Women managers boost businesses – new report

Women managers boost businesses – new report

A new research on gender equity has revealed that an increase in the number of women in senior leadership positions has resulted in greater productivity and profitability, providing a crucial insight on how Australian businesses should move forward post-pandemic.

Research released by Curtin University Business School’s Bankwest Curtin Economics Centre (BCEC) and the Workplace Gender Equality Agency (WGEA) found that a rise in the proportion of female “top-tier” managers by 10 percentage points or more led to 6.6% increase in the market value of ASX-listed companies, equivalent to $104.7m.

The report titled “Gender Equity Insights 2020: Delivering on Business Outcomes” showed a strong correlation between the increase of women in key decision-making roles and subsequent improvements in company performance.

Associate Professor Rebecca Cassells, BCEC Principal Research Fellow and report author, stressed the importance of leadership in dealing with the economic impact of coronavirus crisis.

“When businesses are looking to a post COVID-19 world, our research shows that having a female CEO has the potential to help companies navigate through the crisis,” she said.

According to the report, ASX-listed companies with female chief executive officers posted a 5% rise in market value, worth the equivalent of $79.6m on average.

“Tangible proof”

The study also found that increasing the number of women in leadership positions raised the likelihood of businesses “outperforming in their sector” on three or more “key profitability and performance metrics.”

These metrics include return on equity, earnings before interest and tax, sales per worker, return on assets, dividend yield, and Tobin’s Q. 

Libby Lyons, WGEA Director, said the research was “a significant contribution to the international business case for gender equality.”

“As we ‘snap forward’ to a post-COVID-19 economy, this report demonstrates that CEOs and senior executives must include gender equality as they develop recovery plans,” she said.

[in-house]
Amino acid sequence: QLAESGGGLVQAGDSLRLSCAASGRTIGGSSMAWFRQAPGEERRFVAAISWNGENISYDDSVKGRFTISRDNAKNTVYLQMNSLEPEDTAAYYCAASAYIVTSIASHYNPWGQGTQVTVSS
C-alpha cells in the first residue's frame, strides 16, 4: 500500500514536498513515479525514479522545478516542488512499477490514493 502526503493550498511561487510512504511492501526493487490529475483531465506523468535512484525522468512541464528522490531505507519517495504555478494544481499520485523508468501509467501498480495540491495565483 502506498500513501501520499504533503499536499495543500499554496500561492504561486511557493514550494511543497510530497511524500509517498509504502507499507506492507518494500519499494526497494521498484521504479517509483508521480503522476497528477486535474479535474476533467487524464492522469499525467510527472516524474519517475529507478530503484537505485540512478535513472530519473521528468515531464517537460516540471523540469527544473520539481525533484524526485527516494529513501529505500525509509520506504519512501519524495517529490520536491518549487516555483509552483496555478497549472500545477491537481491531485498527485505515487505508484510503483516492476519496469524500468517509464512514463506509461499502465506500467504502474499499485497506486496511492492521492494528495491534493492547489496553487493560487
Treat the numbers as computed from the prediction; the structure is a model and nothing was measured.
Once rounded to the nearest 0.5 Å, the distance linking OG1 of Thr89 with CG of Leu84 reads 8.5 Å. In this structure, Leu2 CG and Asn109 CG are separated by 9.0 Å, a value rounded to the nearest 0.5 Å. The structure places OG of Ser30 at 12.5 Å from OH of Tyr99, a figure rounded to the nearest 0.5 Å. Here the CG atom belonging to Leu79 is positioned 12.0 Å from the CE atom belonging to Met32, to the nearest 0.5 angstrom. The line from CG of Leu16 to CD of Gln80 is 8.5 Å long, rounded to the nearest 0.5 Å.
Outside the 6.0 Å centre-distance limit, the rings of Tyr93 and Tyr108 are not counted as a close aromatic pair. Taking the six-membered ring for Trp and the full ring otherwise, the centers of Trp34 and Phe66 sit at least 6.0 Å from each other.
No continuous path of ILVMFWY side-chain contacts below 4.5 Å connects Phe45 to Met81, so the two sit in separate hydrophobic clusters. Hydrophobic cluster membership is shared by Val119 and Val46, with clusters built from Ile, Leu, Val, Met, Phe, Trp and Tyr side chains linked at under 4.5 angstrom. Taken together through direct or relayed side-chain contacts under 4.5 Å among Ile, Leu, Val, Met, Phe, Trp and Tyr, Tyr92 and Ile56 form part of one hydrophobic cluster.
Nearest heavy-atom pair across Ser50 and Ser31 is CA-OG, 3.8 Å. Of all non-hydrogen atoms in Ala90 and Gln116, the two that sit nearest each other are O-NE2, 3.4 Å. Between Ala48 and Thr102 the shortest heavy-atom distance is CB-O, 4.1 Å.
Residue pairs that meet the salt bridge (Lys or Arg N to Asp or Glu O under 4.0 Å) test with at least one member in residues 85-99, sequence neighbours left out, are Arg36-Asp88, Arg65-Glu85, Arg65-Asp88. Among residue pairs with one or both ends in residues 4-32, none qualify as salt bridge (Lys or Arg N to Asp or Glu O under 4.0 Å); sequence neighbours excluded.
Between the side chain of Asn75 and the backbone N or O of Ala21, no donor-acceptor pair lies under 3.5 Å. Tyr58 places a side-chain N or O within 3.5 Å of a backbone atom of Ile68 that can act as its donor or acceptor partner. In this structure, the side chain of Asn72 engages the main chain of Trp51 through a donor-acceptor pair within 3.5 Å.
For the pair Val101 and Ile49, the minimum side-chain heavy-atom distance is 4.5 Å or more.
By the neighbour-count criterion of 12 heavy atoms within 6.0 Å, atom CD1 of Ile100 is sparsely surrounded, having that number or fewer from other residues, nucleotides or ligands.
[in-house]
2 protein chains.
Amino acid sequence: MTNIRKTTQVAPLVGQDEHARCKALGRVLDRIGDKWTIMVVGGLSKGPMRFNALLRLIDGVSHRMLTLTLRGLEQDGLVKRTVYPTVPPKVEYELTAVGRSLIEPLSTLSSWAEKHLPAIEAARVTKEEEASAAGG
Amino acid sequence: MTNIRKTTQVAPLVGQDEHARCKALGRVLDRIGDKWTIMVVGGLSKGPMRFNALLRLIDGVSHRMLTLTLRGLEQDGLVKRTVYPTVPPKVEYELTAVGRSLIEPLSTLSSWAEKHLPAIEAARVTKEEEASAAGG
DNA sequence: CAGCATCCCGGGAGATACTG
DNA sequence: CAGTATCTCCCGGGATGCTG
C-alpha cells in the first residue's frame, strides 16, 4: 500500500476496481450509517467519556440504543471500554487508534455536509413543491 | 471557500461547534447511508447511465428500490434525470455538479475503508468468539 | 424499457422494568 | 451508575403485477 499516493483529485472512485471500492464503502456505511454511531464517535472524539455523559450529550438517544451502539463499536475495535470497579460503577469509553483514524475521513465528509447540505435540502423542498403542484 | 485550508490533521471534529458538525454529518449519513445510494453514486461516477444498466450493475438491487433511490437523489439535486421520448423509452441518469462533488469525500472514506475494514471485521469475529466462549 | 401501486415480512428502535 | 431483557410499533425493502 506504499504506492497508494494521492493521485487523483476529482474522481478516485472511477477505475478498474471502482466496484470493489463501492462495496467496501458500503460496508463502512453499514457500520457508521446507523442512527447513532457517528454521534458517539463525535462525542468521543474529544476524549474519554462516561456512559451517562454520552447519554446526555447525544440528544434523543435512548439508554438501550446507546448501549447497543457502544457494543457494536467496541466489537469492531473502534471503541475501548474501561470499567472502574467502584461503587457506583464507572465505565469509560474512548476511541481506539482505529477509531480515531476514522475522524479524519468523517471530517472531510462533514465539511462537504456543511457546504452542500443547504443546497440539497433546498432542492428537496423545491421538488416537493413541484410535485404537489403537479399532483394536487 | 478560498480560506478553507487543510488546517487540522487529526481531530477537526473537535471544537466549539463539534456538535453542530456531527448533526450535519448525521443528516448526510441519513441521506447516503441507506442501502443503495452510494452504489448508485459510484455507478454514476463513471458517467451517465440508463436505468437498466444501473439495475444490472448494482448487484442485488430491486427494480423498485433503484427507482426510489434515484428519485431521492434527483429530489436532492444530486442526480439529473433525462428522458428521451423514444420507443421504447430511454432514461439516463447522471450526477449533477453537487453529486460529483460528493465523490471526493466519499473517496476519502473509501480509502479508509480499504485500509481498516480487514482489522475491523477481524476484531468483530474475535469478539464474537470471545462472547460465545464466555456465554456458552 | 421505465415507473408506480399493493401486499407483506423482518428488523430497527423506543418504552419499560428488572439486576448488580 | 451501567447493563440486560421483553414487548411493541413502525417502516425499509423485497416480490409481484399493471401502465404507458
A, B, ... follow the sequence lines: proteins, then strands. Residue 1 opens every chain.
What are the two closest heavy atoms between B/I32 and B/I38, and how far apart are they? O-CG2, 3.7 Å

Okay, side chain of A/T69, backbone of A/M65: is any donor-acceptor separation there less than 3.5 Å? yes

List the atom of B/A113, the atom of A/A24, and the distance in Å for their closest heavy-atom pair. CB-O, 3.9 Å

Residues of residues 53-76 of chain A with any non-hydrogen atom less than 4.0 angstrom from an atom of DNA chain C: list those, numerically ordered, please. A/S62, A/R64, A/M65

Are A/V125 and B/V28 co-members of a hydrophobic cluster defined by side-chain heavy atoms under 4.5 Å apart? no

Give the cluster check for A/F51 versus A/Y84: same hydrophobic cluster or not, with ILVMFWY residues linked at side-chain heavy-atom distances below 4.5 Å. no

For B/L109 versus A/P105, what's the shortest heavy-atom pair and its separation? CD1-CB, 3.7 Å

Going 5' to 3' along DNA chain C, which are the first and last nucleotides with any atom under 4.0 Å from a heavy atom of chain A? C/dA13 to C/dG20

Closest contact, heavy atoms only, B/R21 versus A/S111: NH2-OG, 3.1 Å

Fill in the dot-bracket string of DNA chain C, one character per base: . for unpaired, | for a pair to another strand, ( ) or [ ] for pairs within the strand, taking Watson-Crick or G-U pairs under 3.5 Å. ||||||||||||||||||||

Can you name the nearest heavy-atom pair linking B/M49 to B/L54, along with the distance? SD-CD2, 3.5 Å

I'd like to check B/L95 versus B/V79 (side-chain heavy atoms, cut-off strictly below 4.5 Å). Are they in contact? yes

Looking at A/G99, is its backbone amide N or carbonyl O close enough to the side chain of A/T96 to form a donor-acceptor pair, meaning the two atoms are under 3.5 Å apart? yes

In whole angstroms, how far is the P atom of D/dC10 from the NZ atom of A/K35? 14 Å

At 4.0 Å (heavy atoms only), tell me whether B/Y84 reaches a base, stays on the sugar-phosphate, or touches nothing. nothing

“This report provides tangible proof to support the established business case for gender equality. More gender-balanced leadership will improve the bottom line and financial performance of any organisation.”

Associate Professor Cassells said the report was an important step towards “delivering more gender equitable workplaces” and understanding how gender equity can lead to better performance among Australian businesses.

Better gender balance needed

However, Professor Alan Duncan, BCEC Director and report co-author, noted that Australian companies still have some way to go to achieve better gender balance in key decision-making positions.

“Women are far less likely than men to be the Chair of the Board,” he said. “While there has been progress towards a 30% target for the share of women on company Boards, three in 10 companies in the WGEA dataset still have no female Board representation at all.”

According to the report, only 17.1% of CEOs in Australian companies were women. In addition, 8% of businesses have no female representation on their Boards and a similar proportion have no women in key management teams.

Professor Duncan explained greater female representation on Boards and senior leadership positions was better for business.

“Increasing the talent pool and taking into account the experiences and views of a broader group will ultimately lead to better decisions,” he said.

“This is particularly important as we look to rebuild our economy and broaden business and employment opportunities.”